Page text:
Haniyeh and Abbas. Hamas strengthened
Olmert. No support for unilateral moves
Only 23 percent of Palestinians and 17 percent of Israelis prefer unilateral steps to negotiation over a settlement for the regional conflict, a new joint survey published by the Harry S. Truman Institute for the Advancement of Peace at the Hebrew University in Jerusalem and the Palestinian Center for Public Opinion in Ramallah revealed.
According to the poll, which was conducted between March 16-21, 73 percent of the Palestinian public and 76 percent of the Israeli public prefer that further withdrawals in the West Bank be carried out in the framework of bilateral talks, and not unilaterally. The poll also showed that 60 percent of Israelis support negotiations over a permanent peace agreement with Palestinian Chairman Mahmoud Abbas.
The survey also examined the effect of the dramatic political change in the Palestinian Authority on the willingness of both sides to mutually recognize each other's national identity, and the willingness of the Palestinians under a Hamas-led government to recognize the State of Israel. According to the poll, only 37 percent of Palestinians advocate recognition of Israel by the Hamas, while 59 percent oppose such recognition, even in the event of international pressure on the PA.
However, on conditions of peace and after the formation of an independent Palestinian state, 66 percent of Palestinians and 68 percent of Israelis are willing to mutually recognize Israel as the land of the Jewish people and Palestine as the land of the Palestinian people.
Notably, similar support figures were also expressed in a poll conducted in September 2005, before Hamas rose to power.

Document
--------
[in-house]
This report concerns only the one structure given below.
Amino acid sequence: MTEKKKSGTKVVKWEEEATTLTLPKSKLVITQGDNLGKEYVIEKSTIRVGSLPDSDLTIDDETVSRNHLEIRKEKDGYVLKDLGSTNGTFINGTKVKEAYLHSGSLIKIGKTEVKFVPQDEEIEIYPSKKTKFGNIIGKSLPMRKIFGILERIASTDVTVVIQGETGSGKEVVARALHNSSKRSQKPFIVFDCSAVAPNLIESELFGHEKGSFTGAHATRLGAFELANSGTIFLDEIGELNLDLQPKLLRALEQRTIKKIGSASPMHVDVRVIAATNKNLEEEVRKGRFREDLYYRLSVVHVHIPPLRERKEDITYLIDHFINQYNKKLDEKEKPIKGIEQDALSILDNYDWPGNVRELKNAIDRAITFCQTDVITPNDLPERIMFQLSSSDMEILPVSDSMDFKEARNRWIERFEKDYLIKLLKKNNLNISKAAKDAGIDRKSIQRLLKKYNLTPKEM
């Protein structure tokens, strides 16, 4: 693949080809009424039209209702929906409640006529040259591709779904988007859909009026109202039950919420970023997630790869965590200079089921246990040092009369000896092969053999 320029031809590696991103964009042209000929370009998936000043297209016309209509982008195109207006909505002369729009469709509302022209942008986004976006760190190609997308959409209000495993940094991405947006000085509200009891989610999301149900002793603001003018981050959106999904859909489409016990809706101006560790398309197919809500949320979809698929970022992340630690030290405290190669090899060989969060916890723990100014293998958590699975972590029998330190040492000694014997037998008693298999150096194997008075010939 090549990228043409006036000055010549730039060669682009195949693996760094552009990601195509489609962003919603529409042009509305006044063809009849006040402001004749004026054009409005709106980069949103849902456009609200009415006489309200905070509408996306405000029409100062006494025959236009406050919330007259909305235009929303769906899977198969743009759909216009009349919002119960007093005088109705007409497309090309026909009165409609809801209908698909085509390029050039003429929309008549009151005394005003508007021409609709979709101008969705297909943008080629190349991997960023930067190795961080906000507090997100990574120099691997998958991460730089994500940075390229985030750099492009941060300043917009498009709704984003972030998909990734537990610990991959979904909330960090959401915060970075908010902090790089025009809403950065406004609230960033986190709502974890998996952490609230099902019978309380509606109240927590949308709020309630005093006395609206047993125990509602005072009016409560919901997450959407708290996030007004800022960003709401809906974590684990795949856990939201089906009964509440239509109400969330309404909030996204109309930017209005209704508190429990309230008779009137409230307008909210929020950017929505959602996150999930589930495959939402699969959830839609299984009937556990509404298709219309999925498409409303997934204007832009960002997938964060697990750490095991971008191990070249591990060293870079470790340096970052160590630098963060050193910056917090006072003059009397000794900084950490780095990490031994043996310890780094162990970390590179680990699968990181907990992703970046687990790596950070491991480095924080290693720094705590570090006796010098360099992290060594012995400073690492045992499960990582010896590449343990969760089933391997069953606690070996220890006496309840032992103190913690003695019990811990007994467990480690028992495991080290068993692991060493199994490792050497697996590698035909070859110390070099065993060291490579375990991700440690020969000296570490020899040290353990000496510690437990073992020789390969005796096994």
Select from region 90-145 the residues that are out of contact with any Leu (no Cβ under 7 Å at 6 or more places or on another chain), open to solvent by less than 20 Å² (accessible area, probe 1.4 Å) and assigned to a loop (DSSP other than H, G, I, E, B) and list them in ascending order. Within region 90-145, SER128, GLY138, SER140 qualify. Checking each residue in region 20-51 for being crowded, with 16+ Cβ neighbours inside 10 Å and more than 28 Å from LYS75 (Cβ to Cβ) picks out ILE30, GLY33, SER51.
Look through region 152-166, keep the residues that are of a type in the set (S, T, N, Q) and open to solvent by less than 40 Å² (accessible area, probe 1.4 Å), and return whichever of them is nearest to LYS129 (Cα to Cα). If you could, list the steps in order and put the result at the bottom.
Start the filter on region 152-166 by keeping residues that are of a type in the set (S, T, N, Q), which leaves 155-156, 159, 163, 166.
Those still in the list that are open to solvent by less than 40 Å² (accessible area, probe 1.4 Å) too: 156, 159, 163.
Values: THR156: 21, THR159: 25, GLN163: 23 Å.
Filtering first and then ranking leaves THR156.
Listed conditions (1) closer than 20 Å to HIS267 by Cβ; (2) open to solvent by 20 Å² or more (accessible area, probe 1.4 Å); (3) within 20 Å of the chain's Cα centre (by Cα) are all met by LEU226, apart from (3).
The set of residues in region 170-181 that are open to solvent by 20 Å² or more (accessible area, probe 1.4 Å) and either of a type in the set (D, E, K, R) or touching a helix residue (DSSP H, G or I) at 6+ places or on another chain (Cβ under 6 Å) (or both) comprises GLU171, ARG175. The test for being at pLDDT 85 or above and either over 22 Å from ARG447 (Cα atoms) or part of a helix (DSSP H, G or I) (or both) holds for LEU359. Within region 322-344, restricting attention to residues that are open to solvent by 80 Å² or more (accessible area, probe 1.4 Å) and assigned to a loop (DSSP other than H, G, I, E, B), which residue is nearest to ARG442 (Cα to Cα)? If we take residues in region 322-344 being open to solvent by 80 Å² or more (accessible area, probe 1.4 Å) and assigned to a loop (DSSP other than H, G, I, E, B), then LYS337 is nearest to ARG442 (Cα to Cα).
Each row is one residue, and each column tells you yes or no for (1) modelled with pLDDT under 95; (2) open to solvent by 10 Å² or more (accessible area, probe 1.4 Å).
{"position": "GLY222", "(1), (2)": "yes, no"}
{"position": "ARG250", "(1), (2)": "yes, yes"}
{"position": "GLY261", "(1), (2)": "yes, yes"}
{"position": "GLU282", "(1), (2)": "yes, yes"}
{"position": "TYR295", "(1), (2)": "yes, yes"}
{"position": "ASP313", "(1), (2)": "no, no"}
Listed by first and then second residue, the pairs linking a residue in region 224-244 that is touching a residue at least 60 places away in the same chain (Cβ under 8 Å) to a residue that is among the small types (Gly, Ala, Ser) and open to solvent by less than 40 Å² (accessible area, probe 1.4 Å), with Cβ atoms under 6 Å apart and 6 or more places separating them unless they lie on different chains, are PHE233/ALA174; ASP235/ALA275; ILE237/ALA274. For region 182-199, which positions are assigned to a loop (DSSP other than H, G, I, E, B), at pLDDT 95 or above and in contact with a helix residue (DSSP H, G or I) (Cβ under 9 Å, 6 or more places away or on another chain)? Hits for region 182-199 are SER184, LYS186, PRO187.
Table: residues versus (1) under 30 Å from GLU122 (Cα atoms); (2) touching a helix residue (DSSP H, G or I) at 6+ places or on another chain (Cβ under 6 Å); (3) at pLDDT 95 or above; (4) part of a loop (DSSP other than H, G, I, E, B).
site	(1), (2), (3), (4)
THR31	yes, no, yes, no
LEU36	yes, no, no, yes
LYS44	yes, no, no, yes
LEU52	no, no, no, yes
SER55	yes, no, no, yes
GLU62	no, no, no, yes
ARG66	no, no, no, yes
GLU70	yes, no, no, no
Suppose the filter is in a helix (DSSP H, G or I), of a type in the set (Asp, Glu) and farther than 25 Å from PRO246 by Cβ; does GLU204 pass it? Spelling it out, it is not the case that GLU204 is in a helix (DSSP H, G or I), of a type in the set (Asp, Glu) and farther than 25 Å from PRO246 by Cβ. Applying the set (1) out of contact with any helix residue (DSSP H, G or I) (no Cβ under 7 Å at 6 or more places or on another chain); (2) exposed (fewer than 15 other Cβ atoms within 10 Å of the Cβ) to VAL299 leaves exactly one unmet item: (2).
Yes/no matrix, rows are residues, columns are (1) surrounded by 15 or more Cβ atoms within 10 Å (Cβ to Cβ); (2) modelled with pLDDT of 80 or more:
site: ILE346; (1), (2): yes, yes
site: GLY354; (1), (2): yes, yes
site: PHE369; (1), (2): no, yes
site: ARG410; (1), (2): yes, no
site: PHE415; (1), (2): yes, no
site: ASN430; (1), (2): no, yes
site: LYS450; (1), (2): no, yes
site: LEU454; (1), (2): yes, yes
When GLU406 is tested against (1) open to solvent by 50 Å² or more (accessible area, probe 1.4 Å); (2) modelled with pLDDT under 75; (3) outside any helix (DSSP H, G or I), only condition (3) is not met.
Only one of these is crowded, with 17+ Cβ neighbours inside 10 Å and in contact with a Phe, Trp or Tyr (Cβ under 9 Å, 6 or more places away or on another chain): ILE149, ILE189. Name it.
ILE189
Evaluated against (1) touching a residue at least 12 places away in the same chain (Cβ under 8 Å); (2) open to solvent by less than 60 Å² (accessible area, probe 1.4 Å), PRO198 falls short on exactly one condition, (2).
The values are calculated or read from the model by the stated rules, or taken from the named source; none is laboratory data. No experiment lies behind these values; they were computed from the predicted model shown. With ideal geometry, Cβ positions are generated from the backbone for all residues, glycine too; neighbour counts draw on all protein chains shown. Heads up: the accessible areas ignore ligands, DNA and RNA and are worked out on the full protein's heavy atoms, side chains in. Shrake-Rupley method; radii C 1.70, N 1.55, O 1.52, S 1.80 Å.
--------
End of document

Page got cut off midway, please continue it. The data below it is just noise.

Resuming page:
If the declaration of a Palestinian state takes place in the framework of negotiations with Israel, 80 percent of the Palestinians would back it, and 17 percent would object it, the survey indicated. As for the Israeli public, 83 percent prefer to see such a move being carried out under talks with Israel, while 14 percent said they would rather have it as a unilateral move.
PA: Hamas gained strength
Following Hamas' win in democratic elections, the Palestinians' view of democracy and human rights didn't show any change. 34 percent believe that the current situation of the democracy in the PA is good, or very good. On the other hand, among Israelis only 6 percent believe that state of democracy is good or very good. In addition, 58 percent of Israelis believe that Hamas aspires to conquer Israel and kill most of its Jewish residents. A majority of Israelis, 55 percent believe that the chances Hamas will moderate and recognize the State of Israel are low, or very low.
And what about Hamas' power in the Palestinian street? It seems that Hamas keeps its strength, if not even getting stronger. If the elections were held today in the PA, 47 percent of the Palestinian voters would vote for Hamas , and 39 percent for the Fatah. Moreover, 46 percent of respondents said they voted for Hamas in the elections of January 2005, while 44 percent reported that they voted for the Fatah.
The poll also examined the sense of security in day-to-day life. On a personal level, 75 percent of the Jewish population is worried, compares to 24 percent that are not worried of harm to themselves or their family members by Arabs. The poll surveyors indicate this figure represents a small increase from the previous poll conducted in June 2005, where 71 percent of the Jewish population were worried compared to 27 percent who were not.
Among Palestinians, a rise in personal threat is observed after Hamas' rise to power. According to the poll, 75 percent believe that their personal safety and their family's are not assured, compare to 64 percent who believed so in June 2005.
The Palestinian sampling represented residents of the Gaza Strip and east Jerusalem and included 1,270 people over the age of 18 who were interviewed in 127 sites in the Gaza Strip, the West Bank, and east Jerusalem, in personal interviews under the supervision of Dr. Khalil Shakaki.
The Israeli data was gathered using phone interviews among a sampling of 603 adults, under the supervision of Dr. Yaakov Shamir from the Truman.